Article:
18. The method of claim 16 wherein volatility control element comprises at least one of a nonvolatile memory cell, nonvolatile memory word, Flash memory, electrically erasable memory, laser fuse, mask programmable metal option, bonding pad, or control pad.
Description
BACKGROUND OF THE INVENTION

The present invention relates to the field of integrated circuits and in particular, to an integrated circuit having selected volatility, selectable to operate as a nonvolatile programmable logic integrated circuit in a first mode or as a volatile programmable logic integrated circuit in a second mode.

Integrated circuits are important building blocks of the modern age. Technology continues to evolve and integrated circuits continue to provide improved functionality. As integrated circuits improve, so do the electronics systems that are built using integrated circuits. There are many types of integrated circuit such as memories, microprocessors, application specific integrated circuits (ASICs), and programmable logic. Programmable logic integrated circuits such as PALs, PLDs, FPGAs, LCAs, and others are becoming more complex and continually evolving to provide more user-programmable features on a single integrated circuit.

Modern programmable logic integrated circuits incorporate programmable logic including logic gates, products terms, or look-up tables. Some programmable logic integrated circuits also included embedded user-programmable memory or RAM. However, this RAM is volatile, which means once power is removed from the integrated circuit, the contents of the RAM are lost.

Further, for a nonvolatile PLD, user application configuration data is stored within the PLD package, and external data is not needed to make the device work at power-up. In contrast, for a volatile PLD, user application configuration data is lost with every power-down cycle. The PLD is configured on each power-up from data external to the PLD package.

Despite the success of programmable logic, there is a continuing desire to provide greater functionality in a programmable logic integrated circuit, but at the same time, provide greater performance. The programmable logic marketplace is divided into two different market segments, complex PLDs (CPLDS) and FPGAs. FPGAs typically have more programmable logic gates and more complexity than CPDs. CPLDs are typically nonvolatile PLDs that require no external source to configure the customer application into the programmable logic array. The FPGA is typically a volatile PLD, which usually needs an external source to configure the customer application into the programmable logic array for each power-up cycle.

For equal architectures and densities, a CPLD is more expensive to manufacture than an FPGA. The CPLD has a more expensive processing cost to add special transistors needed for embedded nonvolatile memory. The CPLD also has lower yield due to the complexities of the nonvolatile memory. The CPLD die size is larger because it has a PLD architecture and the nonvolatile memory and its associated overhead.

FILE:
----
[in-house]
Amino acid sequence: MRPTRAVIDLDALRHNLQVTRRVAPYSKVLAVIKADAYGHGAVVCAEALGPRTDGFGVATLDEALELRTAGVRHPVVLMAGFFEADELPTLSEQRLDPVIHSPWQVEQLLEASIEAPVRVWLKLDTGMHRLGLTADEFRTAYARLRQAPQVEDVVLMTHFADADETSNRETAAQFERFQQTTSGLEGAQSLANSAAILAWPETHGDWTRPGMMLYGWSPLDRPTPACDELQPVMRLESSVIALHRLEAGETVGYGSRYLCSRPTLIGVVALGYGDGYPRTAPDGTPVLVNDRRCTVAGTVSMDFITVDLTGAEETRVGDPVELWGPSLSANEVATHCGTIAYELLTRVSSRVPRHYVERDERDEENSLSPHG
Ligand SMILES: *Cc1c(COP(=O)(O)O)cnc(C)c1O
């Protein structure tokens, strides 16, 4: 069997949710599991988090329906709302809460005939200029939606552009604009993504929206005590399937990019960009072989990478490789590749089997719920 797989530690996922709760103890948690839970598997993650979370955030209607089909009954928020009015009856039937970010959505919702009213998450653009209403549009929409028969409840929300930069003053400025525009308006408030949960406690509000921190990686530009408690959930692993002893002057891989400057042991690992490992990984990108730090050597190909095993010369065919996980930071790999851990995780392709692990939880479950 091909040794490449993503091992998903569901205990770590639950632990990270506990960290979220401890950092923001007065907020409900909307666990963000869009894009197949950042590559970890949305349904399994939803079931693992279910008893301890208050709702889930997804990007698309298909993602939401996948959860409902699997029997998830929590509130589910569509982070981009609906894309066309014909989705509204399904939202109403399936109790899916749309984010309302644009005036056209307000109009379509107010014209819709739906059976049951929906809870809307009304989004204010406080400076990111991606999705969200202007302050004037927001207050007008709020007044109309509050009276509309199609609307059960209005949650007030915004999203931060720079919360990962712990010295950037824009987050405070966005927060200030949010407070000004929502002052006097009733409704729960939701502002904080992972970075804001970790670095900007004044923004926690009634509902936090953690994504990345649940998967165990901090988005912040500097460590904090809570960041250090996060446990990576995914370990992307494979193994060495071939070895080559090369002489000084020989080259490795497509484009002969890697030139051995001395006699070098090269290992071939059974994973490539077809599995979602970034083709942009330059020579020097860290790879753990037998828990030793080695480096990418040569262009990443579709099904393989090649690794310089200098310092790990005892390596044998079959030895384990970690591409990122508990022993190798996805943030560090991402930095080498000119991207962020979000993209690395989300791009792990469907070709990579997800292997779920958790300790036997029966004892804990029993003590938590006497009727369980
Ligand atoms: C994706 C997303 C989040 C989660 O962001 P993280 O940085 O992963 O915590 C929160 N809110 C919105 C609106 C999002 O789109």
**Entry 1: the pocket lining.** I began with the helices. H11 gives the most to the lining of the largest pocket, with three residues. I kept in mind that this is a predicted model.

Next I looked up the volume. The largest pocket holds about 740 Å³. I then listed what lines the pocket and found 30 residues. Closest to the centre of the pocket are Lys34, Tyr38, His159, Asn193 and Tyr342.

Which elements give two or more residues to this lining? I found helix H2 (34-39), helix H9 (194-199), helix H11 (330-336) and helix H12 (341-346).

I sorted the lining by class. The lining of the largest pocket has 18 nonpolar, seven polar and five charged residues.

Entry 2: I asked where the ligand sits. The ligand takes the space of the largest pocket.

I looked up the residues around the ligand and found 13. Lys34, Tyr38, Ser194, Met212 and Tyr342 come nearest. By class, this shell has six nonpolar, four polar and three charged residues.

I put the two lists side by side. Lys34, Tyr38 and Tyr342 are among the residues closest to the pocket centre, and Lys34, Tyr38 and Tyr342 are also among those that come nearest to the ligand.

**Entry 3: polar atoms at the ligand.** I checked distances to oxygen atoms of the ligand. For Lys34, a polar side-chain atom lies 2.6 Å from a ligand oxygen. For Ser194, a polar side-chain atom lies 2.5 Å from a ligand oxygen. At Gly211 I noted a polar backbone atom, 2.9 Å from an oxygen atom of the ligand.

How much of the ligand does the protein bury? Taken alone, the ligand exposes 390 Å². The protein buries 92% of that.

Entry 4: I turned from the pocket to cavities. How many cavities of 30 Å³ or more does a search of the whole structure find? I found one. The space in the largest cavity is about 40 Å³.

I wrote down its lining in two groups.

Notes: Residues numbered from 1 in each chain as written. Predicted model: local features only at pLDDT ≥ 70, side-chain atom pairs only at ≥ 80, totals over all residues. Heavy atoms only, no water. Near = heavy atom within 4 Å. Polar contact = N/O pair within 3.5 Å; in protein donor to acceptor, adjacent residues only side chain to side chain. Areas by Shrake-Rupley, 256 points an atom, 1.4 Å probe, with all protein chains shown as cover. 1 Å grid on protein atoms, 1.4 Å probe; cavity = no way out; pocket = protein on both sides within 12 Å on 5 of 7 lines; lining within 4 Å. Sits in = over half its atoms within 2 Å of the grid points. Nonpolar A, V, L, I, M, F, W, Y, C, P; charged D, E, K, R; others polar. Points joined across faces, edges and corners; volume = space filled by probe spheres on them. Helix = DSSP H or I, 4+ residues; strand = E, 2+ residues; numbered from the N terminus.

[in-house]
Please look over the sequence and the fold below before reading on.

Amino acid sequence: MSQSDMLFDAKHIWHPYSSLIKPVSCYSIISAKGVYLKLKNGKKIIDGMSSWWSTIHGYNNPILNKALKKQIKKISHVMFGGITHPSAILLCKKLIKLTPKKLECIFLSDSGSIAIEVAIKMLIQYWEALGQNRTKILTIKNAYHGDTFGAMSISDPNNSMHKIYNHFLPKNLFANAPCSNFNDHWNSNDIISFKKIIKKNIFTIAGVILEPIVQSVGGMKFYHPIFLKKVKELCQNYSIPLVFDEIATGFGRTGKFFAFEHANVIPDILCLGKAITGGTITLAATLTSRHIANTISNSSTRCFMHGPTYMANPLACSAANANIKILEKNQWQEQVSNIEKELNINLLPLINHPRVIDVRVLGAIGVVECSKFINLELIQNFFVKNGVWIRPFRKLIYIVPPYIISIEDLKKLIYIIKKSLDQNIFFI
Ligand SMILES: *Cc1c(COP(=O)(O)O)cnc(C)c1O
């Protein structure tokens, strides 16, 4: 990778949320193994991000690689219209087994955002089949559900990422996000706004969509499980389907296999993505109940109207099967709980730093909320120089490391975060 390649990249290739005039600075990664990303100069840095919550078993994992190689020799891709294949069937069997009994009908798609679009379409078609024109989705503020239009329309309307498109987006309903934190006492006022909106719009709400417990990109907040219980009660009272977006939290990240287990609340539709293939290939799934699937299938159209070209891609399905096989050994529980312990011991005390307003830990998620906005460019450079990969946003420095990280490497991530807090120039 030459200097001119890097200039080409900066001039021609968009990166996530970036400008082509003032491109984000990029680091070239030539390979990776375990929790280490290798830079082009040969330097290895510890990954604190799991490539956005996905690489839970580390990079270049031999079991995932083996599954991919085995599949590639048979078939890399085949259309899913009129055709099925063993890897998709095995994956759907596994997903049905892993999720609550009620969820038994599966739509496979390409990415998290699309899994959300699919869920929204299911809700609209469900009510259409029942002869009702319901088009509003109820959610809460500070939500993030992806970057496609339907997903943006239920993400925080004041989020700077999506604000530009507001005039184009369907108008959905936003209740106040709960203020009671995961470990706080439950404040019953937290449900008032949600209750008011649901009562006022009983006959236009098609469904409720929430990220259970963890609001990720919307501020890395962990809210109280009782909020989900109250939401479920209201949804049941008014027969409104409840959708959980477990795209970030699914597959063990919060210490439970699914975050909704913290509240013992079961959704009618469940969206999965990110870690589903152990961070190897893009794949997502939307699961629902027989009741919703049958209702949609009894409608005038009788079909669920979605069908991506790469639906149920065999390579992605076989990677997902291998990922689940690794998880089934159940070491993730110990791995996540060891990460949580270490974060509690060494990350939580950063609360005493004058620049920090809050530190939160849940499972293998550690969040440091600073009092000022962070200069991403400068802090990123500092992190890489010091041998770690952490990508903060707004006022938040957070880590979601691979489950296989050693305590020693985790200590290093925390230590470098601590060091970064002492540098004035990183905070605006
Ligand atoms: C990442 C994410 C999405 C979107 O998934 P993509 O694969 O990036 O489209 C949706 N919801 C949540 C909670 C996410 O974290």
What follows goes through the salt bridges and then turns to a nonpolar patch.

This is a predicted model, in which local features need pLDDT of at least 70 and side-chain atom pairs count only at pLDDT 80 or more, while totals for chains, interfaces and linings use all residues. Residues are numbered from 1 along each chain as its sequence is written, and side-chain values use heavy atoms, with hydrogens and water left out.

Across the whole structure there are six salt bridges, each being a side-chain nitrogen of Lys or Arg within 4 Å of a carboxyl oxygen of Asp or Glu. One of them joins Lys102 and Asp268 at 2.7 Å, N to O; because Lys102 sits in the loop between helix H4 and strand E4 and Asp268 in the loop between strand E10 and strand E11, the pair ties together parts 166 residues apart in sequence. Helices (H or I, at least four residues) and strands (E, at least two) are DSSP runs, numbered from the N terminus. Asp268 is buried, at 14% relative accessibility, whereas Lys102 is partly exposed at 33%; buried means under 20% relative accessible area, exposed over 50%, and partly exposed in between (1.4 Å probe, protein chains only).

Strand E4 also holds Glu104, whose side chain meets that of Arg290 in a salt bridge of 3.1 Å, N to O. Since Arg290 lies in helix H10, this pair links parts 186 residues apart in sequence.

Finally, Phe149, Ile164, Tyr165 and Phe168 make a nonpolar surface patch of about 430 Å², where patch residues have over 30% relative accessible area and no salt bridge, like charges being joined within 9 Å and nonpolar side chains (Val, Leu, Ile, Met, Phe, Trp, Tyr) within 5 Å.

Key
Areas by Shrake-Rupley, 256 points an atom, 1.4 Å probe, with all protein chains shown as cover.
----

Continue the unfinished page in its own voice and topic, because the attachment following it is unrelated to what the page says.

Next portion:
The price customers have been willing to pay in the market for CPLDs is higher than FPGAs. The higher price is justified by the nonvolatile, instant-on capabilities of the CPLD. This premium is even higher than the sum of an FPGA and an external nonvolatile device used for power-up configuration. This is a cost for a manufacturer to fabricate and inventory both volatile and nonvolatile devices. And some nonvolatile devices may be fully functional logically, but the nonvolatile memory is not fully functional. It would be cost effective to be able to use such devices as volatile devices rather than throw them away.

Therefore, there is a need for a programmable logic integrated circuit with selected volatility, which is capable of addressing the needs of the marketplace for nonvolatile and volatile devices.

SUMMARY OF THE INVENTION

According to this invention, a programmable logic device (PLD) or field programmable gate array (FPGA) has a volatile mode and a nonvolatile mode. Volatility of the programmable logic integrated circuit is selectable to be volatile or nonvolatile. In the volatile mode, configuration or other data of the integrated circuit are lost once power is removed from the integrated circuit. In the nonvolatile mode, configuration or other data is retained even when power is removed from the integrated circuit. Upon power-up, in nonvolatile mode, the integrated circuit does not need external data. In an embodiment, the mode, whether volatile or nonvolatile, may be selected during manufacturing, such as based on customer orders. In other embodiment, the mode may be selected by other means, such as by the user.

According to an aspect of the invention, a single silicon process mask sequence will produce a product that can be programmed during manufacturing to appear to the end user to be a volatile PLD, (FPGA), or a nonvolatile PLD, (CPLD). The programmability is to the advantage of the manufacturer since one product sold into two markets.